Help with taming panther?

Discussion in 'General Discussion' started by zelink14, Apr 10, 2015.

  1. zelink14

    zelink14 Member

    Hi all!

    I've had my 7 month old male panther for three months now, and I've been working on getting him more familiar with me. For awhile I was only pulling him out twice a week to bask in the sun, and he seemed sort of okay with that. An acquaintance of mine, who used to breed panthers, noted that he is still a bit jumpy and that I should get him more comfortable outside the cage: let him sit up high out in the open, offer food, etc.

    This has worked well for a little while - I've been attaching a branch to the table and offering him food. This week, though, he's been exceptionally moody and seems nervous of me.

    Right now, I put him on a tall room divider in my office with me, with other pets locked out. He seems to be climbing around happily. :)

    I'm wondering if anyone has any taming advice? I know getting him used to this will be better in the long run (for both of us!) and I'm not sure if I'm doing it right. What have other people done?

    Ambrose right now - he's not too happy with me. BRIGHT!

    Other notes: I recently upgraded his cage from a 17"x17"x30" Reptarium to a 24"x24"x48" aluminum cage, which he's VERY happy in. I could tell he was starting to feel cornered in his smaller cage as his body is almost 5" long now. Pulling him out of the cage is also nerve-wracking because he tries to get away from me and I don't want to use force.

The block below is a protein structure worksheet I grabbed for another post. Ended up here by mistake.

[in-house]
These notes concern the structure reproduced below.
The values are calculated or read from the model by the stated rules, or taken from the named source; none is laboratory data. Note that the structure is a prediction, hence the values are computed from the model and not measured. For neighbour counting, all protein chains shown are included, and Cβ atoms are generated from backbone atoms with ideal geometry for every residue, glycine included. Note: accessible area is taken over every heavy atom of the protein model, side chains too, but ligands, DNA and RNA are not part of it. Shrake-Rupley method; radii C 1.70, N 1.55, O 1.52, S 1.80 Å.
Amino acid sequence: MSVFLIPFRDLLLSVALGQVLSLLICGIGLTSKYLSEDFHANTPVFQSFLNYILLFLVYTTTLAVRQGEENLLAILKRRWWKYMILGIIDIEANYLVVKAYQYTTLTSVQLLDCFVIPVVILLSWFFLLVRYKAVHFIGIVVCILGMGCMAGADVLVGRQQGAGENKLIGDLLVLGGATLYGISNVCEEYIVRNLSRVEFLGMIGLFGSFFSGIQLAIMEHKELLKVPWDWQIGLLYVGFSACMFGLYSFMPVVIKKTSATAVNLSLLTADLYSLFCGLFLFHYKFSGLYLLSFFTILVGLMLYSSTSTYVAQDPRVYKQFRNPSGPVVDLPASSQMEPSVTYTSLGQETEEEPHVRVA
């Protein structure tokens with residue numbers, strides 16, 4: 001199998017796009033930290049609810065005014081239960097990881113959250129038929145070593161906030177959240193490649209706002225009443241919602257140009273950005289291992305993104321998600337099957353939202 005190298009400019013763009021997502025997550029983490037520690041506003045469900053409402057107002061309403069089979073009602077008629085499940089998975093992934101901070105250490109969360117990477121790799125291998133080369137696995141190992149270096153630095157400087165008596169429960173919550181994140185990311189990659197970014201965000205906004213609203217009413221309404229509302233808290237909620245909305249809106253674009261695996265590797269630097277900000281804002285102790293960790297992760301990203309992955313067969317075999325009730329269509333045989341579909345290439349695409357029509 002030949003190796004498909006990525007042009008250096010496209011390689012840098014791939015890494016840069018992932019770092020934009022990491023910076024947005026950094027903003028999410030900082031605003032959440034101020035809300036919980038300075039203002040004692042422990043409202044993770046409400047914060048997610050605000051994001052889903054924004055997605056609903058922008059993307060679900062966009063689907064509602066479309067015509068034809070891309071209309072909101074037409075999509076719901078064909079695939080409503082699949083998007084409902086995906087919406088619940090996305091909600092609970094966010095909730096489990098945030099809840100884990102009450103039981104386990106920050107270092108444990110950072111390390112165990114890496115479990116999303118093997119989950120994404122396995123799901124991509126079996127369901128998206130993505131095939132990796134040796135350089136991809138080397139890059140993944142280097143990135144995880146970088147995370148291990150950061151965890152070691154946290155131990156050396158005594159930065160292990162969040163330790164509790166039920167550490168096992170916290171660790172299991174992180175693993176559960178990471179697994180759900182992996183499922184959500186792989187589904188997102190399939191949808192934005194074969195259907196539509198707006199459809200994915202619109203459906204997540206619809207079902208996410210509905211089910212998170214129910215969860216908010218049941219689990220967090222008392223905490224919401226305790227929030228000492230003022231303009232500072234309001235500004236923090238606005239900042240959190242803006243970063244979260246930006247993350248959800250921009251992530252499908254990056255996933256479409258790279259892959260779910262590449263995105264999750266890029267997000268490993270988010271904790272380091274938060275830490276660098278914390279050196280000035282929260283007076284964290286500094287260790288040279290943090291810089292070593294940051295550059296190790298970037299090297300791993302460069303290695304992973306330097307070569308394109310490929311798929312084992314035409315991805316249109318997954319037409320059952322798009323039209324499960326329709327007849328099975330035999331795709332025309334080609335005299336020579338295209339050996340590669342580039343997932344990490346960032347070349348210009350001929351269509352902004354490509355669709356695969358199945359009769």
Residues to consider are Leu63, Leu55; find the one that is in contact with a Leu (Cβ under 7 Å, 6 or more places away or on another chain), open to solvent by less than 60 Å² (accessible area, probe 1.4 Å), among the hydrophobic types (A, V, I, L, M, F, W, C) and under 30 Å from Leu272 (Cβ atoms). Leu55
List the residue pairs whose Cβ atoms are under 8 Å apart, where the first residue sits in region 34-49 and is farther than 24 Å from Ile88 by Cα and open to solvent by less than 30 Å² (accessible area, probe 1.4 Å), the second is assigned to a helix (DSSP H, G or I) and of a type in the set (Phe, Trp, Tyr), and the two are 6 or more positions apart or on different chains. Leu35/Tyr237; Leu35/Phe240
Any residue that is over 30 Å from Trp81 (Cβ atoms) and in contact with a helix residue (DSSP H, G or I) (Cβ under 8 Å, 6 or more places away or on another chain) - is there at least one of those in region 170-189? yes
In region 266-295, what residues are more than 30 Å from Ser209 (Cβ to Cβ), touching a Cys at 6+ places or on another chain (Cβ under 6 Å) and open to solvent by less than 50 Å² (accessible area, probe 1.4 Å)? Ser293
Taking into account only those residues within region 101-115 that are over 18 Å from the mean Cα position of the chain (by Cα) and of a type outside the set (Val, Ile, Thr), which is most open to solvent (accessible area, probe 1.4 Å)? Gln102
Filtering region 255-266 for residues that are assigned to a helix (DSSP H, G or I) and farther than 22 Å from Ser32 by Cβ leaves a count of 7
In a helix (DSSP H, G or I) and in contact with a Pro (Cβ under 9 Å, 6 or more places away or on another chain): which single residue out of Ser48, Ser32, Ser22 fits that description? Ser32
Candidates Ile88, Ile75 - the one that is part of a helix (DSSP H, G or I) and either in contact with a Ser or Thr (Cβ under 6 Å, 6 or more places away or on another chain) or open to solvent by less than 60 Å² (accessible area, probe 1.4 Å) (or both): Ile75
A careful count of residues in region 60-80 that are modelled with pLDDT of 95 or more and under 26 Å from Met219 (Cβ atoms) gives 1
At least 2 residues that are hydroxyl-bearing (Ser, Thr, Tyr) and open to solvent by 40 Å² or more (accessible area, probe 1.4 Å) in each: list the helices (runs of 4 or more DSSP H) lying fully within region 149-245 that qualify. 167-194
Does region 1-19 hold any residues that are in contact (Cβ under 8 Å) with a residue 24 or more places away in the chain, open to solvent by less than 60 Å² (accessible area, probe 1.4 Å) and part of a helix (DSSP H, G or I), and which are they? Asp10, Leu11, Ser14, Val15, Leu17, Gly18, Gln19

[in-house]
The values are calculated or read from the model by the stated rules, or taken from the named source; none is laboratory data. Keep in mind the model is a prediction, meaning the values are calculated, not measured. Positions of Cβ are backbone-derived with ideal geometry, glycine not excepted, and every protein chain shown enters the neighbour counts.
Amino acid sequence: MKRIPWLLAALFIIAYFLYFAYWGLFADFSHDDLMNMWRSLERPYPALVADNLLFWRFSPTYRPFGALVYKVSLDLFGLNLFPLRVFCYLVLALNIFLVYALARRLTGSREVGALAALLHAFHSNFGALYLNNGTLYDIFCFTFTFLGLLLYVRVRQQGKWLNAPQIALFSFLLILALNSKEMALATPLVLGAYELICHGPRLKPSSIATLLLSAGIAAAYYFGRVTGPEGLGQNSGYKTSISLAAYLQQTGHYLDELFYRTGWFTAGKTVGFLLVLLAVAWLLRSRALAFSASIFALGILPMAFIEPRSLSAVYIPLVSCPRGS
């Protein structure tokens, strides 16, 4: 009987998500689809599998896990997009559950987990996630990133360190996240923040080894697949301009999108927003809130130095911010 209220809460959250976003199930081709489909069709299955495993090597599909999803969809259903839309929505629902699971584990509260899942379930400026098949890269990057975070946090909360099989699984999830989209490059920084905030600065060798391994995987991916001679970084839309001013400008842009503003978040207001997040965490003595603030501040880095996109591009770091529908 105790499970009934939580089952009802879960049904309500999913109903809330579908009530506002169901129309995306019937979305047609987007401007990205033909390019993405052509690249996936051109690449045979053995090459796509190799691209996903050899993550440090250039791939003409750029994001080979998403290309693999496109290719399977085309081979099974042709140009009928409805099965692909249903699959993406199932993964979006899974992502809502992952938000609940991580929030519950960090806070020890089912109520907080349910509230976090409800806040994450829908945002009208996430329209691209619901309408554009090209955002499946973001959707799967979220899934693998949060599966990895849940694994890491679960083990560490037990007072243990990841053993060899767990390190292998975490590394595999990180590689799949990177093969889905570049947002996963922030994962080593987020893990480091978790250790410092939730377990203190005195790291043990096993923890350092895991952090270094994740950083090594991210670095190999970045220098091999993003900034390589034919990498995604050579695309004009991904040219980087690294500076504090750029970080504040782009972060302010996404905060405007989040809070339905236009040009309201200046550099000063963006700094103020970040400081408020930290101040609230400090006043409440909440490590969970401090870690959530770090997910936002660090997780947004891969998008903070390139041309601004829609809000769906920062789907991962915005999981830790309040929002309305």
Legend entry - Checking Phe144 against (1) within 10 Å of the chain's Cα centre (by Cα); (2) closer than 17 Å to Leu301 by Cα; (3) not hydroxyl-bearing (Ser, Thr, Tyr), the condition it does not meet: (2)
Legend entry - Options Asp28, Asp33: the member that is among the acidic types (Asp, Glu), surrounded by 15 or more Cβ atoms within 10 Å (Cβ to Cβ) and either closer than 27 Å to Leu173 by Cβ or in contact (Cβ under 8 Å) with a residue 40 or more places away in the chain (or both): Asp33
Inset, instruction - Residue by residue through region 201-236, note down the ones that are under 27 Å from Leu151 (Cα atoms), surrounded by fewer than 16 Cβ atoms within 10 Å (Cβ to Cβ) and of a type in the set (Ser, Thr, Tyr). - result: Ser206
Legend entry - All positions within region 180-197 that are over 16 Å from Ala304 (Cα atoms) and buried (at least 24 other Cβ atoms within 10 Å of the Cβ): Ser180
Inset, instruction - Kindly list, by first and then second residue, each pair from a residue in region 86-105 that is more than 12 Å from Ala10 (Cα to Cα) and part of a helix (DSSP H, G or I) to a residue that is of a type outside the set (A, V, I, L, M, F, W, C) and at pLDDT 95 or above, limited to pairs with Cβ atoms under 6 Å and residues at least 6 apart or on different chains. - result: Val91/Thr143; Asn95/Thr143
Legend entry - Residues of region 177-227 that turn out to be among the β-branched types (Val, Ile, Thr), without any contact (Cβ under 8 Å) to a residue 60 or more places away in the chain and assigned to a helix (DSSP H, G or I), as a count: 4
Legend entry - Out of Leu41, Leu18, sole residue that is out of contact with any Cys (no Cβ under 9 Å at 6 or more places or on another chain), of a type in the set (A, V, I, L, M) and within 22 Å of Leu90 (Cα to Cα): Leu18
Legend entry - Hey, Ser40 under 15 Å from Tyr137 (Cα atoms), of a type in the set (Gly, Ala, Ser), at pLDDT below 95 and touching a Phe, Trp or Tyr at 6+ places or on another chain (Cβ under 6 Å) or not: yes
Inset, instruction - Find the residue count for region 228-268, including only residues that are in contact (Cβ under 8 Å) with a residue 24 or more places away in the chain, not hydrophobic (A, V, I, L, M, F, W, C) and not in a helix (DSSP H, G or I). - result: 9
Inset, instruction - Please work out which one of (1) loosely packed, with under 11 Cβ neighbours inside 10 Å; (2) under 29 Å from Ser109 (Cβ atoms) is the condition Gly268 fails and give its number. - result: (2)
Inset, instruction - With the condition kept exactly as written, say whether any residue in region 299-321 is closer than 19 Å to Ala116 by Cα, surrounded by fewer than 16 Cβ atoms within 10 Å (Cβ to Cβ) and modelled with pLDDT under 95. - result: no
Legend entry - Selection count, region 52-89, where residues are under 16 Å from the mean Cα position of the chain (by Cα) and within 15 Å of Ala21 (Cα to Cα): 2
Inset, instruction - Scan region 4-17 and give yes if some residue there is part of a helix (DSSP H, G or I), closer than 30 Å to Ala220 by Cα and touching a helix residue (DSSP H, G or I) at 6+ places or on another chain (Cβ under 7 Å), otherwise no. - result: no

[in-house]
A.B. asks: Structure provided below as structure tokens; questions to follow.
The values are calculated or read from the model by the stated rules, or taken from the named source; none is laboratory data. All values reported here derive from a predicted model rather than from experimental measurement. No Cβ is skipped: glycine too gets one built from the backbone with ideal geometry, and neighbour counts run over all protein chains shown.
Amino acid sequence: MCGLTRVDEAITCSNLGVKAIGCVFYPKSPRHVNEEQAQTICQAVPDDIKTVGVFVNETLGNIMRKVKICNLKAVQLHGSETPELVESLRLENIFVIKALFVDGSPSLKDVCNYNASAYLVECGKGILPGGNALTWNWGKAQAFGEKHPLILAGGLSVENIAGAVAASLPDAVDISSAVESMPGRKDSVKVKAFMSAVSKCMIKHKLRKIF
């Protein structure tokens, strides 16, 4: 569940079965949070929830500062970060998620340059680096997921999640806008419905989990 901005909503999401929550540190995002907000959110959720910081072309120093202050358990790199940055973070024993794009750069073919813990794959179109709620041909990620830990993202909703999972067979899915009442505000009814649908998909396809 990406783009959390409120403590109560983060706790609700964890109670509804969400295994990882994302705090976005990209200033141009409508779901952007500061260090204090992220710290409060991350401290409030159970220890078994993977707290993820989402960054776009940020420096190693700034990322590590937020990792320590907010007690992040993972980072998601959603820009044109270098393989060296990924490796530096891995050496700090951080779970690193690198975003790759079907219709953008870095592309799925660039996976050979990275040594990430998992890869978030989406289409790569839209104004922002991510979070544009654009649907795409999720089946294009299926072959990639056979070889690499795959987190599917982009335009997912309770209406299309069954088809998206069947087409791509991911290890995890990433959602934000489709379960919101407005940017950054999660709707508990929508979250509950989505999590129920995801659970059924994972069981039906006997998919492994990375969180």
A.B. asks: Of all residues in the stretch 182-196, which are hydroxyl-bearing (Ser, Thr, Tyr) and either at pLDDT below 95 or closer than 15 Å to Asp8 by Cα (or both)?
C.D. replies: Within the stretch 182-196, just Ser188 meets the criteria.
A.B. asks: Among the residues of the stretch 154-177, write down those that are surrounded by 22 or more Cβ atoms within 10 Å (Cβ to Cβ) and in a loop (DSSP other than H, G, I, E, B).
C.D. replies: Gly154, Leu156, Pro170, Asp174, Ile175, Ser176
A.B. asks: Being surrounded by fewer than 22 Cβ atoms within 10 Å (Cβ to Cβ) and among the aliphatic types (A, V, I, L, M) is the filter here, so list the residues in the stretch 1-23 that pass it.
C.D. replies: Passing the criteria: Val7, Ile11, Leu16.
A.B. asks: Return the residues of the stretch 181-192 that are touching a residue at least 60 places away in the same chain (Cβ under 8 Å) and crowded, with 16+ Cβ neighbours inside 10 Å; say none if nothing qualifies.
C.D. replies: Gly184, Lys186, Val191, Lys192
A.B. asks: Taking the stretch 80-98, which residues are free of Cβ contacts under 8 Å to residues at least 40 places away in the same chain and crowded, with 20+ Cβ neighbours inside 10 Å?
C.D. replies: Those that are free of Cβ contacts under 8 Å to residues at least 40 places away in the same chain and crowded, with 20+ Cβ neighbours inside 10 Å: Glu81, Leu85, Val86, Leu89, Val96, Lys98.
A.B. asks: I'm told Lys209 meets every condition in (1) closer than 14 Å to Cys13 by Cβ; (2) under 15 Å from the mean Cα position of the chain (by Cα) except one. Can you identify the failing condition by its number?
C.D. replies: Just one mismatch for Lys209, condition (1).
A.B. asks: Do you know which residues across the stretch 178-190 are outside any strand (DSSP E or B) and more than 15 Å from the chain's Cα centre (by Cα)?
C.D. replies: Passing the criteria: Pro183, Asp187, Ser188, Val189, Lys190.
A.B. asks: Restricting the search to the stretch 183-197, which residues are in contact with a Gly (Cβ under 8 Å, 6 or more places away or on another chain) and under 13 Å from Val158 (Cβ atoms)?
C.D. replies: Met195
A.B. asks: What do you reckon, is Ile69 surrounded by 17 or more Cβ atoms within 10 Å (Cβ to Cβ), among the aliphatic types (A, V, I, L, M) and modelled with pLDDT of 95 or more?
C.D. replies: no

2. JJchameleon

    JJchameleon New Member

    I am very sorry, I am not much of an expert at the moment so I cannot help you! I just wanted to compliment you on a beautiful chameleon, I love the colors, I hope my one will turn out like that!
  3. carol5208

    carol5208 Chameleon Enthusiast

    It sounds like he is coming around little by little. 3 months is not that long and some chameleons will tolerate handling, but not enjoy it even after years of ownership. I would just keep doing what you are doing. I am raising a little runt panther right now that I have had for 5 months and he is still really scared of me. He is just starting to come towards the front of the cage when I open the door. I have to pick him up to move him out of the cage to other areas because he will joty climb on my hand. He does not like it too much! Try having him climb onto a branch and move him out of the cage that way.
  4. zelink14

    zelink14 Member

    Yeah, I've been told to try the branch thing. Honestly, I'm not sure if it would work because the large aluminum cages have a "pocket" up top that I think he would climb right off into. But I'll try!

    I know he at least TOLERATES me. When I took him to the vet awhile back he turned pitch black when the vet was inspecting him. The vet put him back on my hand and within 2 minutes he was back to normal colors. I was quite flattered.

    Anyway, I'm glad to hear it's gradual. Another question I have, actually, is "grabbing". For awhile I've done the "push hand under chin and ease him onto my hand' trick, but it doesn't always work - especially when he tries to turn around and climb away. It's much quicker to gently put my thumb up over his back and "grab" him - he doesn't like it, but it's much more efficient. Is this a quick way to alienate him from me, or will he get used to that? I stress that I'm GENTLE, it's just that I figure it's better than chasing him around the cage! lol